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The Collaborative Clearinghouse for Lawsuits and Other Claims Against ACE Group Insurance Companies

OneBeacon Moves to Dismiss ACE Job Poaching Lawsuit

October 2, 2012 - OneBeacon U.S. Holdings Inc. has petitioned for dismissal of a lawsuit filed against it by ACE American Insurance Co. on grounds that it does not satisfy minimal pleading standards with respect to an actionable claim.

The lawsuit by ACE grew out of an alleged mass defection on July 30 by all eight employees of the ACE Group unit’s East Coast surety office to fellow insurer OneBeacon. ACE filed a lawsuit in U.S. District Court in Philadelphia claiming tortious interference with its business, and aiding and abetting duty of loyalty violations.

OneBeacon, according to ACE American, “coordinated an employee raid to obtain and use ACE’s trade secrets.”

But in its motion to dismiss, Minnetonka, Minnesota-based OneBeacon said that the plaintiff failed to state any facts that would support its position that trade secrets were misappropriated by anyone.

In its suit, ACE American alleged that its staffers had deleted e-mails that that may have contained proprietary information relating to the plaintiff. OneBeacon challenged that as pure conjecture, and said the plaintiff made no connection between the deletion of emails and the acquisition of those messages by the defendant.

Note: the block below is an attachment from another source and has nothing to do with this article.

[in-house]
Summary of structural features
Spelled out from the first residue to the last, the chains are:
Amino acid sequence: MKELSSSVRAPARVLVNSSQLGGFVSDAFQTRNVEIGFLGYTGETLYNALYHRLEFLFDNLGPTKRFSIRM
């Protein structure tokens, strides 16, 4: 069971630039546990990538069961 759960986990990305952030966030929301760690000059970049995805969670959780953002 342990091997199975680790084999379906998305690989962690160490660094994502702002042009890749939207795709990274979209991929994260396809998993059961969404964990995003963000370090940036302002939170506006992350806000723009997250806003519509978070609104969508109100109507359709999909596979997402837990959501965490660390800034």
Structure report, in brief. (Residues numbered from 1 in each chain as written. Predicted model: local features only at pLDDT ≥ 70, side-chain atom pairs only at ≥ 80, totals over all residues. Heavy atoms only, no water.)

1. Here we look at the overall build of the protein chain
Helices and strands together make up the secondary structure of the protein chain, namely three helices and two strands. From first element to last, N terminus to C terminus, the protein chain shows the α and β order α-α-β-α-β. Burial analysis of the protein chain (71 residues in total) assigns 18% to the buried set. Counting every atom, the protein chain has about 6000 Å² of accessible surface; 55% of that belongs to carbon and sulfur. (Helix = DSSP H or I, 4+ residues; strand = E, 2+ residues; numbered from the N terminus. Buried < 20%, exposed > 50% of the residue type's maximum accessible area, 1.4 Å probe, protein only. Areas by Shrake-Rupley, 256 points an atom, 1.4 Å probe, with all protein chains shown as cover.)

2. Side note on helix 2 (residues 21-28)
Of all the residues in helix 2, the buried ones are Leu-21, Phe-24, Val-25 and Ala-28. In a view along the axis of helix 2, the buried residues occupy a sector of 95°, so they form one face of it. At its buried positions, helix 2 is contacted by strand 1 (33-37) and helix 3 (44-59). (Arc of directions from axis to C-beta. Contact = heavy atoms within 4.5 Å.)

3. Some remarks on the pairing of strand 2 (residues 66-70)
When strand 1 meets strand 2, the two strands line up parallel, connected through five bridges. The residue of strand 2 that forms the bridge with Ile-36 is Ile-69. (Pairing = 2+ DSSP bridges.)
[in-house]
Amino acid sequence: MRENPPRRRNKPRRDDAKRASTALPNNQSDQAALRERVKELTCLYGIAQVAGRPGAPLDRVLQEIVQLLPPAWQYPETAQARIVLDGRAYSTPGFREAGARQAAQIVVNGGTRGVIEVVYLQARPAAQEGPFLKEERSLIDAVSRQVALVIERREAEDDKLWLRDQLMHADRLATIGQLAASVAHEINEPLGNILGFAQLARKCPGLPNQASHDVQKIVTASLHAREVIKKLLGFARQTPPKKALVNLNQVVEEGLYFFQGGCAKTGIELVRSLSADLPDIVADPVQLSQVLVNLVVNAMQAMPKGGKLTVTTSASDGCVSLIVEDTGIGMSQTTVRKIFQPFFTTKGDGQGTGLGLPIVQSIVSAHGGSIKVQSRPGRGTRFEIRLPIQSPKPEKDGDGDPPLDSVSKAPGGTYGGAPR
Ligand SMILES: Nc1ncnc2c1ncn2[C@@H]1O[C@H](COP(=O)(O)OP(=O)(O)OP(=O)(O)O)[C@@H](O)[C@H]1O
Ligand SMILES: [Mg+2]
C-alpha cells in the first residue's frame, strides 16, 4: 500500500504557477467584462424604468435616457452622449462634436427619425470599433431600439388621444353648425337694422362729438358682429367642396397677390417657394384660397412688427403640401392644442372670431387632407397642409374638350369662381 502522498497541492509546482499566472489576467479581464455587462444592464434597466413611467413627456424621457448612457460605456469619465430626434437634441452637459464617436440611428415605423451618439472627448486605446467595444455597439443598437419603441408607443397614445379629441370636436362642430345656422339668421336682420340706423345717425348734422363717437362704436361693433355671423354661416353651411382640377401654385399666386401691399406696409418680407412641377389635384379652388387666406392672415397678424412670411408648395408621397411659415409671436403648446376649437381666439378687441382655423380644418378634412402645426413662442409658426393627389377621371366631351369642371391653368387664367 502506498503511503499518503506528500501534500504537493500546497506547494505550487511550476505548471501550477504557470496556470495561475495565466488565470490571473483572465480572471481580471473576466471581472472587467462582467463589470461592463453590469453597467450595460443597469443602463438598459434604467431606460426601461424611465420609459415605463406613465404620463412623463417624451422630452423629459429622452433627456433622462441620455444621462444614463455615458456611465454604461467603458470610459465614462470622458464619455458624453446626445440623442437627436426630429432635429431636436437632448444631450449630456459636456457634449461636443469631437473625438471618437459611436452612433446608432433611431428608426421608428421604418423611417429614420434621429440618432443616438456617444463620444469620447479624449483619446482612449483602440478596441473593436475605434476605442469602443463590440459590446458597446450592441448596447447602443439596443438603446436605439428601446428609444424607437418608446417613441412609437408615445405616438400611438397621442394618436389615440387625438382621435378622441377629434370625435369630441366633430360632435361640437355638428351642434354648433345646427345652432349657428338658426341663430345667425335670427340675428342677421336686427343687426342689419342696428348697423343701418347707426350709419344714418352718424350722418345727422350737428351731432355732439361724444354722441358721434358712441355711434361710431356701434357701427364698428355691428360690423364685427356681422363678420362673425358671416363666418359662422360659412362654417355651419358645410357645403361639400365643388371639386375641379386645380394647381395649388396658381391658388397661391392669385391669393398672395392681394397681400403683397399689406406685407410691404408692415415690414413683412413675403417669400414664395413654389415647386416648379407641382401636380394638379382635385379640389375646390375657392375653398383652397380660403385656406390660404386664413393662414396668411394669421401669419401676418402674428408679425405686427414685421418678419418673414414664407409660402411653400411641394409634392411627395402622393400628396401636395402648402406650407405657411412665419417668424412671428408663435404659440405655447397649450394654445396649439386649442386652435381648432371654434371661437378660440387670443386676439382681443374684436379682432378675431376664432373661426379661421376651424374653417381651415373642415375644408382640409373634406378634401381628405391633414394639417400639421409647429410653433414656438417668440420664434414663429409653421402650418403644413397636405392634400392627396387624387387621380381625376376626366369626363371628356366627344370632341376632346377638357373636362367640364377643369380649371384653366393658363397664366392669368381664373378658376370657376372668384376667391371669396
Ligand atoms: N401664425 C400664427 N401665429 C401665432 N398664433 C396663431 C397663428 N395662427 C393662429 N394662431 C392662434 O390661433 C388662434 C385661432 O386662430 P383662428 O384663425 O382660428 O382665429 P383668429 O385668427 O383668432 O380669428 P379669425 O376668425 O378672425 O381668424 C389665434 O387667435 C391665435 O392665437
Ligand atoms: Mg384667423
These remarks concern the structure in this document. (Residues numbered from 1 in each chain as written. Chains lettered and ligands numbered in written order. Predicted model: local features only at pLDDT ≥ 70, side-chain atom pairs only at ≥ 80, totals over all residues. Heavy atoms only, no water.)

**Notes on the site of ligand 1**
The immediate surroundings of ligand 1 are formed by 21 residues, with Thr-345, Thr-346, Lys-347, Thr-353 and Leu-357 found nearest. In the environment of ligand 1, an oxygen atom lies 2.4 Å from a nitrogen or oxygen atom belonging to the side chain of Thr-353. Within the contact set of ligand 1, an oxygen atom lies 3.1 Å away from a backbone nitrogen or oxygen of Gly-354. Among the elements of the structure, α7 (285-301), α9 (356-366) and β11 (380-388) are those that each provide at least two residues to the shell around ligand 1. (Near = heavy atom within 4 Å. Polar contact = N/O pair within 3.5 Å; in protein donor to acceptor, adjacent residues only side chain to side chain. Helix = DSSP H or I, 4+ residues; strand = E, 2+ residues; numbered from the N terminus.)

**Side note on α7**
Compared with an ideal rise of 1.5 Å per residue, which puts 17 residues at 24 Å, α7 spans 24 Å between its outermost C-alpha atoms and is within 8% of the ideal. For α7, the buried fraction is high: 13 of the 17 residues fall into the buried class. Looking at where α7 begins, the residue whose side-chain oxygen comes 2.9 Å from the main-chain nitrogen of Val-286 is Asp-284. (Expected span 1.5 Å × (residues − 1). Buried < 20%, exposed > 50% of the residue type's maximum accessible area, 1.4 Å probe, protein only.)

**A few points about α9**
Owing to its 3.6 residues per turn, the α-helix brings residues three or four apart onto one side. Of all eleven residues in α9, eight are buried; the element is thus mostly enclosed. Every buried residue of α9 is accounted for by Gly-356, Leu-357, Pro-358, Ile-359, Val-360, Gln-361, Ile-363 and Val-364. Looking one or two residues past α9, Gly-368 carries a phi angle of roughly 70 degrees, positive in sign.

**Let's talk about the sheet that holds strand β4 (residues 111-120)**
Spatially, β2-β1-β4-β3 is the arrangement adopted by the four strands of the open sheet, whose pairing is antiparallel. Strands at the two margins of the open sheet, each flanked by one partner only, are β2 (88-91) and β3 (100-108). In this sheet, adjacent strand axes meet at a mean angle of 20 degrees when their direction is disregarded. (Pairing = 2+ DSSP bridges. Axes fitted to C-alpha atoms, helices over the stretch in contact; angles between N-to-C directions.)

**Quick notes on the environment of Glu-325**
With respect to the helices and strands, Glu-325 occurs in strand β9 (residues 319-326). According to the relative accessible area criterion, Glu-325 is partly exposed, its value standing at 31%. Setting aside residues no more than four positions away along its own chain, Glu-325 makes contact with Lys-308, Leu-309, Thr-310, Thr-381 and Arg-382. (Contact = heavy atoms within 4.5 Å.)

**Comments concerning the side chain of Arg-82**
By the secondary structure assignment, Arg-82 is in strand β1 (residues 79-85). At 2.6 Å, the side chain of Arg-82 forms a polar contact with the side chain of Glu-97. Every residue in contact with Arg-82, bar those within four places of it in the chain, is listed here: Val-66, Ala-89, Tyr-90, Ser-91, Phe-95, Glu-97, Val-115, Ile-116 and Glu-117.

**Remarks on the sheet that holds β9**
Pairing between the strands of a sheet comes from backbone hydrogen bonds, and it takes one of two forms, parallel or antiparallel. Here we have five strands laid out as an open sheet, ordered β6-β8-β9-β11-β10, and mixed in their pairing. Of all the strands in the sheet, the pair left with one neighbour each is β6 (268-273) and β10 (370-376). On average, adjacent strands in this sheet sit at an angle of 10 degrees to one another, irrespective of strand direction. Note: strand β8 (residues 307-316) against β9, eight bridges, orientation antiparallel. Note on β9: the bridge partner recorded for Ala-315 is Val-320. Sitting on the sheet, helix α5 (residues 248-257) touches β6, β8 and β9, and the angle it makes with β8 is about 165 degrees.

“Without more,” OneBeacon wrote, “ACE’s allegations are insufficient to raise a right of relief above the speculative level to meet federal notice pleading standards.”

As to any claim of tortious interference, OneBeacon likewise said that ACE American failed to allege with specificity the identity of any client or third-party contractual relationship that has been subject to actionable interference. Citing Pennsylvania law, it said ACE American had to show there was an existing or prospective contractual relationship with a third party and then show that there was intent by OneBeacon to interfere with that relationship.

OneBeacon further contended that the Pennsylvania Supreme Court has never recognized a common law claim for aiding and abetting tortious conduct such as a breach of fiduciary duty of loyalty.

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